Court lets gardai see tape transcripts before Bailey
Four gardai are to receive transcripts of conversations of calls to a garda station before journalist Ian Bailey gets them.
Mr Bailey, who is suing the State for wrongful arrest during the investigation into the murder of filmmaker Sophie Toscan du Plantier in Cork in 1996, wants to inspect the recordings and transcripts of them in preparation for his legal action.
Following a ruling yesterday, he will have to wait until four officers who took calls in Bandon garda station during the investigation see them first.
In nine days' time, the High Court will then decide on his application to inspect the transcripts.
Mr Justice John Hedigan said the four – retired Det Garda Jim Fitzgerald, Garda Michael Coughlan, Garda William Byrne and Superintendent Liam Hogan – were to be allowed to inspect parts of the transcripts that related to them.
The judge said it was unusual but it seemed to follow a logic as the rights of privacy of those mentioned in the transcripts would be protected.
The judge was told the State had notified a number of people whose conversations had turned up in the transcripts, including gardai and various journalists.
Counsel for the State Luan O'Braonain said it was difficult in relation to the journalists as some had identified themselves by their first name only but the State had written to the organisations involved.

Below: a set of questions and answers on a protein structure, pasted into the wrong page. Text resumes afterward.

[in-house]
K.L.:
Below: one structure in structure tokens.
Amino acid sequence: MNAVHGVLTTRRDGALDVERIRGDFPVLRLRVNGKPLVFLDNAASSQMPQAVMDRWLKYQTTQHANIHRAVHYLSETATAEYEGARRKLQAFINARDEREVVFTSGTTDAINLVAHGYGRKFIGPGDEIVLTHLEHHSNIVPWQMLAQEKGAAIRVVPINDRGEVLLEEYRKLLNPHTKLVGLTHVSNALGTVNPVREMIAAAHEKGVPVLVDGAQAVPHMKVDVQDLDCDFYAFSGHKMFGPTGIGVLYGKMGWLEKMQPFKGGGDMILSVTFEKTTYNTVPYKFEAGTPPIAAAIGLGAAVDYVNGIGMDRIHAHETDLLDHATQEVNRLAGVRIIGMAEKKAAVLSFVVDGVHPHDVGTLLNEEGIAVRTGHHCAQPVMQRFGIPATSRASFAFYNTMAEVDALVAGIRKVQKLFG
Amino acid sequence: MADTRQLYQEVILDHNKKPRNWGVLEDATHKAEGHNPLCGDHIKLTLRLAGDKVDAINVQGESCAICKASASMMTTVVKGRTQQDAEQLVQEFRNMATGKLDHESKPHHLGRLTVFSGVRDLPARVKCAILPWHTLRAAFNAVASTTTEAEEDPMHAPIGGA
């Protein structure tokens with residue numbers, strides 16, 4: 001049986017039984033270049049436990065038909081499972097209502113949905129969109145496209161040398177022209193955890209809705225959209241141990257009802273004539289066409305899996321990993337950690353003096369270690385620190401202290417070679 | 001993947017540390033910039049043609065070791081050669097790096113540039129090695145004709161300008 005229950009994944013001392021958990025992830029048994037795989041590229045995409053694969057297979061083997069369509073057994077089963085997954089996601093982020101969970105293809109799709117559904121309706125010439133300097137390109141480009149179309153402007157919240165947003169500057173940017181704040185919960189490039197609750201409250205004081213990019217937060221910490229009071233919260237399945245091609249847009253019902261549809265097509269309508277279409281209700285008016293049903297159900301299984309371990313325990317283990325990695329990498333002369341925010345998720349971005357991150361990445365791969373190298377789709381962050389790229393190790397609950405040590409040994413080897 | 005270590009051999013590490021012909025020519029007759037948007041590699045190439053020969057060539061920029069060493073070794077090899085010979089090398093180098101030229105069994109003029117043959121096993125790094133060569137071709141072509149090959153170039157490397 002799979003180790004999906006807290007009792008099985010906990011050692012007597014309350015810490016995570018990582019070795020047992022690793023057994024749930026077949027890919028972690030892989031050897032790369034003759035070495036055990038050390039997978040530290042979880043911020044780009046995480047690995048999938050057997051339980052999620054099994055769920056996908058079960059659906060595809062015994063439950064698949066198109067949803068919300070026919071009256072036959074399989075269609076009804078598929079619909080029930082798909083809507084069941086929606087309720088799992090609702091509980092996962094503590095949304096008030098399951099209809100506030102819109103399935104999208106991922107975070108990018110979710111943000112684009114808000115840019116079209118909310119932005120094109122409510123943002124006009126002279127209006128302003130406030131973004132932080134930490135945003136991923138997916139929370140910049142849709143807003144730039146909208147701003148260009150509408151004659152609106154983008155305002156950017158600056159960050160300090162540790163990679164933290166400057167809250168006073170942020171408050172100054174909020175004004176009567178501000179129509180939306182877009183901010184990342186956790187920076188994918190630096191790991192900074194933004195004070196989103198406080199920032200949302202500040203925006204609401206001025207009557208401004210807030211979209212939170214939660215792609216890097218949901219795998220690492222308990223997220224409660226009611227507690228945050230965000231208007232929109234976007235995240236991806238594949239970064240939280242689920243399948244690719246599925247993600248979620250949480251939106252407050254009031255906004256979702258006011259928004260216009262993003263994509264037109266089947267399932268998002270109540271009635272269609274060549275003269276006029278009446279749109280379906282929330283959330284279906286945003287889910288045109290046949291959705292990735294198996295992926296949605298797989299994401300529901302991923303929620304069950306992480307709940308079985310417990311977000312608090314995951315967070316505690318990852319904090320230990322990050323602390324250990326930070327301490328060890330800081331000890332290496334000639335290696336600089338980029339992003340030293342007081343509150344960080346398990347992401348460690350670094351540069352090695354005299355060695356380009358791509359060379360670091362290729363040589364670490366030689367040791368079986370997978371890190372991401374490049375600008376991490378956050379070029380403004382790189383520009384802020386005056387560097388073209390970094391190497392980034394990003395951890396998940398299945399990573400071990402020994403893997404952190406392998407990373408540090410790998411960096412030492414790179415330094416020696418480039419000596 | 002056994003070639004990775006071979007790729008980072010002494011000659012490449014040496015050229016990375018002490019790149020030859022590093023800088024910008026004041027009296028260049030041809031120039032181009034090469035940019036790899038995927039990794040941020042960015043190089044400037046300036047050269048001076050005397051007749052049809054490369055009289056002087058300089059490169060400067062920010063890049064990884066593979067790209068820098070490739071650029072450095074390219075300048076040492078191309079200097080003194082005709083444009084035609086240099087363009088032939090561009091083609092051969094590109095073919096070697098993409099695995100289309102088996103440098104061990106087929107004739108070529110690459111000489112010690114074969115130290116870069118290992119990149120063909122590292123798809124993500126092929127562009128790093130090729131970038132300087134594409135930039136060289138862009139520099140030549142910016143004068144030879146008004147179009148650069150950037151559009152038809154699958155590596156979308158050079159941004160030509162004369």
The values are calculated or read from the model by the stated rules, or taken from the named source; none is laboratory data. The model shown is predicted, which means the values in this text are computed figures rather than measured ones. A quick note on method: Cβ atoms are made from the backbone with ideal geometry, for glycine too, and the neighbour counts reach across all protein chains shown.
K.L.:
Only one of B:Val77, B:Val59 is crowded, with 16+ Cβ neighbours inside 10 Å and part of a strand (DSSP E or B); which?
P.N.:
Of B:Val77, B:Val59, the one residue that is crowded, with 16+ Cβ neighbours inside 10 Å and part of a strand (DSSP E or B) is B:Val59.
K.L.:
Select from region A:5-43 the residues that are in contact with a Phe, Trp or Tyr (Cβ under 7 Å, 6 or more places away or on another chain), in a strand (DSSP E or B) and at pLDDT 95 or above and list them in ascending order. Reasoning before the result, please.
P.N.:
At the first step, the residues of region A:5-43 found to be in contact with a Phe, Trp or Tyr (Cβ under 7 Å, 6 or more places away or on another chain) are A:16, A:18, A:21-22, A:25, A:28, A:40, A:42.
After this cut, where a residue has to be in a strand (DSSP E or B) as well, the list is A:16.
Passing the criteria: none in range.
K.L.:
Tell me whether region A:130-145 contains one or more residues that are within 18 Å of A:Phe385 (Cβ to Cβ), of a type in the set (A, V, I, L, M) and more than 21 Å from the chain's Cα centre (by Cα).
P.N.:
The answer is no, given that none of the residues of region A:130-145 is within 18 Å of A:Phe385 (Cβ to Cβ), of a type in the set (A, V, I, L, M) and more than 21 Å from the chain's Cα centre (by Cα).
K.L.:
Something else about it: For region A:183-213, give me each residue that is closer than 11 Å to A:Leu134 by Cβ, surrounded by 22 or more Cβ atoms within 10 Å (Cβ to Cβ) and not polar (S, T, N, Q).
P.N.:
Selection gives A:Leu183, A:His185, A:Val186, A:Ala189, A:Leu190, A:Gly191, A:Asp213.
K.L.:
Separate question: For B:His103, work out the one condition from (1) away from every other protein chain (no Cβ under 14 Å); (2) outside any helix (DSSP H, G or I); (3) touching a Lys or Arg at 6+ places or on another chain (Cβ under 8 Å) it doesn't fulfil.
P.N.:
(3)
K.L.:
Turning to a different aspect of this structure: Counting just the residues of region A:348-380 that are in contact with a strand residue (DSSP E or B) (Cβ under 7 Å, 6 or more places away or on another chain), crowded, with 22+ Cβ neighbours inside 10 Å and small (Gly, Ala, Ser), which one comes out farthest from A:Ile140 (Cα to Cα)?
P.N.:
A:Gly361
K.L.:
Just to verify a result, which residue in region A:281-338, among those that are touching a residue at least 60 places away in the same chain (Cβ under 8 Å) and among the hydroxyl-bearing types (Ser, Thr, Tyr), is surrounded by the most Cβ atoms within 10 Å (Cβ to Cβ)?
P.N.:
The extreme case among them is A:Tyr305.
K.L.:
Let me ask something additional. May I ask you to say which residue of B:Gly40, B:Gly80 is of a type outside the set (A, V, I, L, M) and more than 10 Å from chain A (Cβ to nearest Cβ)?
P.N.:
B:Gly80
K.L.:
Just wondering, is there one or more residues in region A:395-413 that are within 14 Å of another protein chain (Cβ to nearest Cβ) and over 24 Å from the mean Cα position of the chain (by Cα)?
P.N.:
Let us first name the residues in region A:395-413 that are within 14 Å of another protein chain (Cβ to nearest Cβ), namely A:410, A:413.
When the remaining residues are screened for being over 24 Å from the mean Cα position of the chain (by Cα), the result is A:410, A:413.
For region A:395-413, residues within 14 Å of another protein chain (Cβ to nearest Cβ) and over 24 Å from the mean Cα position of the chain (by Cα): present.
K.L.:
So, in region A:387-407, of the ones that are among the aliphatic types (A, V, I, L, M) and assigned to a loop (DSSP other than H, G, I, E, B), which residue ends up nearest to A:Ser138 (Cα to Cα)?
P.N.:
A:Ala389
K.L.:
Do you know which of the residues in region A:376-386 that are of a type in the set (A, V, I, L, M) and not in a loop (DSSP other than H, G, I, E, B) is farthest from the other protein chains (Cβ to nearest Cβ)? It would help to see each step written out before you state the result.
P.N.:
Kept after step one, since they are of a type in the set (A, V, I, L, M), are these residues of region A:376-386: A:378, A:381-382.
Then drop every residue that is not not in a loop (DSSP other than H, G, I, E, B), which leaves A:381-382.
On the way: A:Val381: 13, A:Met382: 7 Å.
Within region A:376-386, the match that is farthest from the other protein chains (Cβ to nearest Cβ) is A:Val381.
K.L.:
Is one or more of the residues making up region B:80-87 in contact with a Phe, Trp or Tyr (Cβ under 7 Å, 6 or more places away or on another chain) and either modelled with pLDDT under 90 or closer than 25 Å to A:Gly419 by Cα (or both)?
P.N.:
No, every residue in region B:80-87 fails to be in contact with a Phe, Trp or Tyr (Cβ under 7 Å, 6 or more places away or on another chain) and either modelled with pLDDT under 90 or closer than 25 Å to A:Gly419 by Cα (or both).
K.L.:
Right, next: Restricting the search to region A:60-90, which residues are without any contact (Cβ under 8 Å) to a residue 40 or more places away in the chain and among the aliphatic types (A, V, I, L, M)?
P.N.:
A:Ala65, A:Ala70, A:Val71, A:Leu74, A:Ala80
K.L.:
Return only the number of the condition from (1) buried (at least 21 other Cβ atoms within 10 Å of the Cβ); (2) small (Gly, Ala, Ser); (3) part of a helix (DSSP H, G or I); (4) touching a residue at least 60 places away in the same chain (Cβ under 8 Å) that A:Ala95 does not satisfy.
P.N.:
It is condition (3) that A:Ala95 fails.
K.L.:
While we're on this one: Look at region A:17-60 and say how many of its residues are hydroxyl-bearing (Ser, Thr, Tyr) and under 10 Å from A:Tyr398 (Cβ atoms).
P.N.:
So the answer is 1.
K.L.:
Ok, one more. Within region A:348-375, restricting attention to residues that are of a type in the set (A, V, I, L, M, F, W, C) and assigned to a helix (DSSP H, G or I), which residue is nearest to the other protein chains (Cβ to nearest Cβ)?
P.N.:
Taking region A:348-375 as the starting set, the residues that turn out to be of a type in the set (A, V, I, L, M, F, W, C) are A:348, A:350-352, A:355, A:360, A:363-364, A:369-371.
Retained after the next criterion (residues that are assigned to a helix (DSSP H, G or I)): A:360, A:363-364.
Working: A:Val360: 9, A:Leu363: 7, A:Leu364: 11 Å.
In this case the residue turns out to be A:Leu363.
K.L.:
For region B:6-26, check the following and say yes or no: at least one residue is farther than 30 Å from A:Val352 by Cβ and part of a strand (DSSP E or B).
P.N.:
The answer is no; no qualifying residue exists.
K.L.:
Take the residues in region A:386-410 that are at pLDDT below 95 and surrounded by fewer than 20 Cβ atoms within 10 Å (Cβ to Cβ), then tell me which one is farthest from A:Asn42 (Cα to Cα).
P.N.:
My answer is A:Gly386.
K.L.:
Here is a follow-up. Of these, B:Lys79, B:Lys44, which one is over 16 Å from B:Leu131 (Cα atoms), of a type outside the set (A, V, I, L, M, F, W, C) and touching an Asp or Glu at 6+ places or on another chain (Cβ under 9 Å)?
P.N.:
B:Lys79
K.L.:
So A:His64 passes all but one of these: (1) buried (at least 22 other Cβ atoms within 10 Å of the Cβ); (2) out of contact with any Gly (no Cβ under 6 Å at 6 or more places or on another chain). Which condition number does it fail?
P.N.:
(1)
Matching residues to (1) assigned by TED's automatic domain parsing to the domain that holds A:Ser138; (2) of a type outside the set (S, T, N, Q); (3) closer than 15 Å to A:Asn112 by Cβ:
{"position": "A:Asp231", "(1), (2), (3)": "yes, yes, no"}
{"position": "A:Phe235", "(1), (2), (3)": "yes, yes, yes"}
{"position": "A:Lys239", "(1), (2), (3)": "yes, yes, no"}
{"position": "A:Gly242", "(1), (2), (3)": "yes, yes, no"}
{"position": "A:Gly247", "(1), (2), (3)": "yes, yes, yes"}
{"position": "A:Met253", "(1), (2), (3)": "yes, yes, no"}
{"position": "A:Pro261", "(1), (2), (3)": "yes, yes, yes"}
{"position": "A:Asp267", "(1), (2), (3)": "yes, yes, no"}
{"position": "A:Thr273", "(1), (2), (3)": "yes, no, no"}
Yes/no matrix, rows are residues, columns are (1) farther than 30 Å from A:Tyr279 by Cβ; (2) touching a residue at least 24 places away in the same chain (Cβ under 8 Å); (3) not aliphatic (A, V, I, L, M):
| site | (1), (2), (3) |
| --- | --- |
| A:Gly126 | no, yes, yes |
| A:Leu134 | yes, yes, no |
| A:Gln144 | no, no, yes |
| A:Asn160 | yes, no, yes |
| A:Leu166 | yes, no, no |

Retired Det Garda Fitzgerald was among 10 people who had written to the State asking that, if the communications related to them in any way, they should be given prior notice of that before any permission is given to Mr Bailey to inspect them.
Martin Giblin, for Mr Bailey, said he was "becoming increasingly alarmed" at the proceedings and he was afraid his side would become "mired" in paperwork with the hazard for his client of incurring extra legal costs.
The judge said he had to take in to account the privacy of those whose conversations may be overheard and examined.
He was also very conscious of Mr Bailey's right to bring proceedings but where conflicting rights arose he had to balance that and take it in to account.
He said he expected everybody to "put their shoulders to the wheel" and be in a position to make full submissions when the case comes before the court again in June.